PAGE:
By W. David Kay
This concise biography surveys Jonson's occupation and offers an creation to his works within the context of Jacobean politics, court docket patronage and his many literary rivalries. Stressing his wit and inventiveness, it explores the ideas during which he tried to keep up his independence from the stipulations of theatrical construction and from his consumers and introduces new facts that, regardless of his vaunted classicism, he time and again appropriated the problem or sorts of different English writers so one can show his personal creative superiority.
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Additional resources for Ben Jonson: A Literary Life
Elizabethan and Jacobean writers, however, were less concerned with originality than with the skilful reworking of age-old themes. They agreed with Horace that it is harder 'to treat in your own way what is common' than to give the world 'a theme unknown and unsung'P The 'sacred invention' about which Lorenzo Junior rhapsodises in Every Man in His Humour is the power of finding material- from whatever source - that is appropriate to the occasion for which one writes and of arranging it in artful or ingenious ways.
The metaphor of the imitator as a bee is derived from Seneca's Epistle LXXXIV, but Buchler and Jonson are essentially following Quintilian, who twice recommends that the advanced student pick one speaker for special imitation, though he cautions against too exclusive devotion to a single model. In pointing to Virgil's imitation of Homer and Horace's of Archilochus, Jonson in effect advocates selecting a different guide for each poetic genre, as he himself had followed Horace in his verse epistles, Martial in his epigrams, and Pindar in his odes.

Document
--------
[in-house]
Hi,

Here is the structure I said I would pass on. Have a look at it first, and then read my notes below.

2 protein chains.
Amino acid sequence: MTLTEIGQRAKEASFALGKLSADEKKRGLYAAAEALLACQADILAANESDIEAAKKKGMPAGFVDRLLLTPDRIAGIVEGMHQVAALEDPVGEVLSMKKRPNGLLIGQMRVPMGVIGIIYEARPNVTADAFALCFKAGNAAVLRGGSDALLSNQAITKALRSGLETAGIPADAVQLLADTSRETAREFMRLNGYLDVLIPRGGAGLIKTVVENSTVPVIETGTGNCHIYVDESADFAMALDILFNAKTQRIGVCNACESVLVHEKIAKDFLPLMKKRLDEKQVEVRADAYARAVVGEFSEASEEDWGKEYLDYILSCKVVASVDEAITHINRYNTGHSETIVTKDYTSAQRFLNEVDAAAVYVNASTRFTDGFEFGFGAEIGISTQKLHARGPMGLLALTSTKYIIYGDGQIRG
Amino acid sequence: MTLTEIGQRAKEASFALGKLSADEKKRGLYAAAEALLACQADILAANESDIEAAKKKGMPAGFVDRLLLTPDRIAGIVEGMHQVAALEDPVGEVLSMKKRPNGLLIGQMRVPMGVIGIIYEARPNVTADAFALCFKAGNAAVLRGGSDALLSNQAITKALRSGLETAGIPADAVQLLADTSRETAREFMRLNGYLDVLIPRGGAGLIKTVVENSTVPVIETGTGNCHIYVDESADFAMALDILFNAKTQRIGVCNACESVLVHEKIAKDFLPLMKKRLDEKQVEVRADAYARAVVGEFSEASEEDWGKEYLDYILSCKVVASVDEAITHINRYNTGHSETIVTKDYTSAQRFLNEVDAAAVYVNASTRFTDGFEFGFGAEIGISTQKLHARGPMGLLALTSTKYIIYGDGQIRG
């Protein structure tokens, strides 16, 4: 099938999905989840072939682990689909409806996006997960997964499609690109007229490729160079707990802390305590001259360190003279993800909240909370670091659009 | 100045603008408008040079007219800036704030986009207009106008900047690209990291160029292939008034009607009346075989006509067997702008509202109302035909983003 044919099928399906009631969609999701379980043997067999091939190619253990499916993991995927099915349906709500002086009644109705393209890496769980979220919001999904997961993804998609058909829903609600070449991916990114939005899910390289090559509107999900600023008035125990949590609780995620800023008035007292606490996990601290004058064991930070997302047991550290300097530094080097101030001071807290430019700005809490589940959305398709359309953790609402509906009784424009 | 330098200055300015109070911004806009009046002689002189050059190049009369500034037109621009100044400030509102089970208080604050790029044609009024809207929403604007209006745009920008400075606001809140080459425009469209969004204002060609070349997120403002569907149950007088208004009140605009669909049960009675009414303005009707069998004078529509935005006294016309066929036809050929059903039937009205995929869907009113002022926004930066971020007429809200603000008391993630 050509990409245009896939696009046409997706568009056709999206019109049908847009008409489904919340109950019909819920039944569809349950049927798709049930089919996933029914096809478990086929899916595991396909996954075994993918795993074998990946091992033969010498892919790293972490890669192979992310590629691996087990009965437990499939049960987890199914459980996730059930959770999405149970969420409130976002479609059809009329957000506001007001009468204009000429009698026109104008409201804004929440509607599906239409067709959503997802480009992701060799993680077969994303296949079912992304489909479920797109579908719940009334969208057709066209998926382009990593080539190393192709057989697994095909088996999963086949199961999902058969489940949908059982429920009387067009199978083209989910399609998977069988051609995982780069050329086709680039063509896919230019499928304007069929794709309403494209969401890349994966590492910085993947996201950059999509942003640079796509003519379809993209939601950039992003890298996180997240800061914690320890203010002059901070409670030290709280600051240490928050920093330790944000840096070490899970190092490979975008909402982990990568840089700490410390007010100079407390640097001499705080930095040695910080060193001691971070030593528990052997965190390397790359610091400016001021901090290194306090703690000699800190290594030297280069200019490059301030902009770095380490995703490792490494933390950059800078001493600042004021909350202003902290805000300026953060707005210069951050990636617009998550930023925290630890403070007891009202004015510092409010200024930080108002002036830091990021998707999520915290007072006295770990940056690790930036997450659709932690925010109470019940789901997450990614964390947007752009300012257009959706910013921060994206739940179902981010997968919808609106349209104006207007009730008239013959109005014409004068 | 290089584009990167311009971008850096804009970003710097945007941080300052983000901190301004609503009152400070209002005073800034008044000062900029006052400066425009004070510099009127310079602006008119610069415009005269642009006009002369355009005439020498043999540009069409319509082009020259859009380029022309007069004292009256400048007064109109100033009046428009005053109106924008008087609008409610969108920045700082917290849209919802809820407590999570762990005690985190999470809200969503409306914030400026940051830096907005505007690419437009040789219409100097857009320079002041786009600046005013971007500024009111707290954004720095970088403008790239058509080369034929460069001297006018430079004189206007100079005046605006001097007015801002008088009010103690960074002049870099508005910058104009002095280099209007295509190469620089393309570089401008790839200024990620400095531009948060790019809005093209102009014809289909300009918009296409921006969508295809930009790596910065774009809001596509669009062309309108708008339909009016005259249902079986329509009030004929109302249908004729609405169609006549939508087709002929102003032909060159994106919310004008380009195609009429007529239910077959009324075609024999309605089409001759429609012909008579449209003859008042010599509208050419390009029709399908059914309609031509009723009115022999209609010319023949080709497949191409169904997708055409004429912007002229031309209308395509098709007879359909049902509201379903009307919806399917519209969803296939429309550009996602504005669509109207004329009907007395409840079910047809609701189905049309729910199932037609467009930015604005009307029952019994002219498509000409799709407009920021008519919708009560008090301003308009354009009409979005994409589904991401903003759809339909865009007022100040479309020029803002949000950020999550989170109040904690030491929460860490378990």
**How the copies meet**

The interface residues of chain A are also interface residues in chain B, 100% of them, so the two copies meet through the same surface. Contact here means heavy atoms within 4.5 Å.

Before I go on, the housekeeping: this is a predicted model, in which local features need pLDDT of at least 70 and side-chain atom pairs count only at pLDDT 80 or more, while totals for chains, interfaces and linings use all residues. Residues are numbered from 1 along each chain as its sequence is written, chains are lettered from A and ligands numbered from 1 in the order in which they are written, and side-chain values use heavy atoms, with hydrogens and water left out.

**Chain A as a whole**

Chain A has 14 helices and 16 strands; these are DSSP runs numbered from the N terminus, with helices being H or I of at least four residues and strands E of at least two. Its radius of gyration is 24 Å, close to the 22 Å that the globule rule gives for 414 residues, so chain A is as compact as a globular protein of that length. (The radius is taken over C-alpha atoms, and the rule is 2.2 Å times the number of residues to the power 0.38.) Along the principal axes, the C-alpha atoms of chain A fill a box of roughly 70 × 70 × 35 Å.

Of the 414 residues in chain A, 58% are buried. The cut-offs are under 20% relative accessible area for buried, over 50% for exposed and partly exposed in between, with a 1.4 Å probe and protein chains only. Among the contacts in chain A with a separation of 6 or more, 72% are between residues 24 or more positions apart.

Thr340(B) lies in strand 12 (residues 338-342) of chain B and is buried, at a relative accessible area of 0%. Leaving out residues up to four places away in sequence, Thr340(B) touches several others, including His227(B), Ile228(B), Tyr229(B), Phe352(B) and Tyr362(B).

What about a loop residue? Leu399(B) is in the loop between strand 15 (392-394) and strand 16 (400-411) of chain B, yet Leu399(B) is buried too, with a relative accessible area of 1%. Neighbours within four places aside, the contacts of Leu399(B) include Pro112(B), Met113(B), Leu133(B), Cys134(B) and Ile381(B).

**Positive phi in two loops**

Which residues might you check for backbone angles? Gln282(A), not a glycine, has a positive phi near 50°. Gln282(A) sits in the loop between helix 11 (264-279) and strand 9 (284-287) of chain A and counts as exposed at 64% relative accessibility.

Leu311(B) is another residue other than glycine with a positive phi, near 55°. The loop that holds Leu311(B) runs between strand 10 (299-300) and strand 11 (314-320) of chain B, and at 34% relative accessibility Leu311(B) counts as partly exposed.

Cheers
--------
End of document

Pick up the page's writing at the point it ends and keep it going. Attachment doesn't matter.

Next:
In his great middle comedies, as we shall see, he aspired to surpass ancients and modems alike by recombining motifs from earlier comedy and satire into more intricate and more richly ironic plots. For the most part, however, his rivalry was directed at his fellow Elizabethans, with whom he was often at odds. 17 His strategy, in fact, often was to distinguish himself from his contemporaries by claiming to have realised a more authentic classicism or a higher standard of art even when working with forms that had been introduced by others.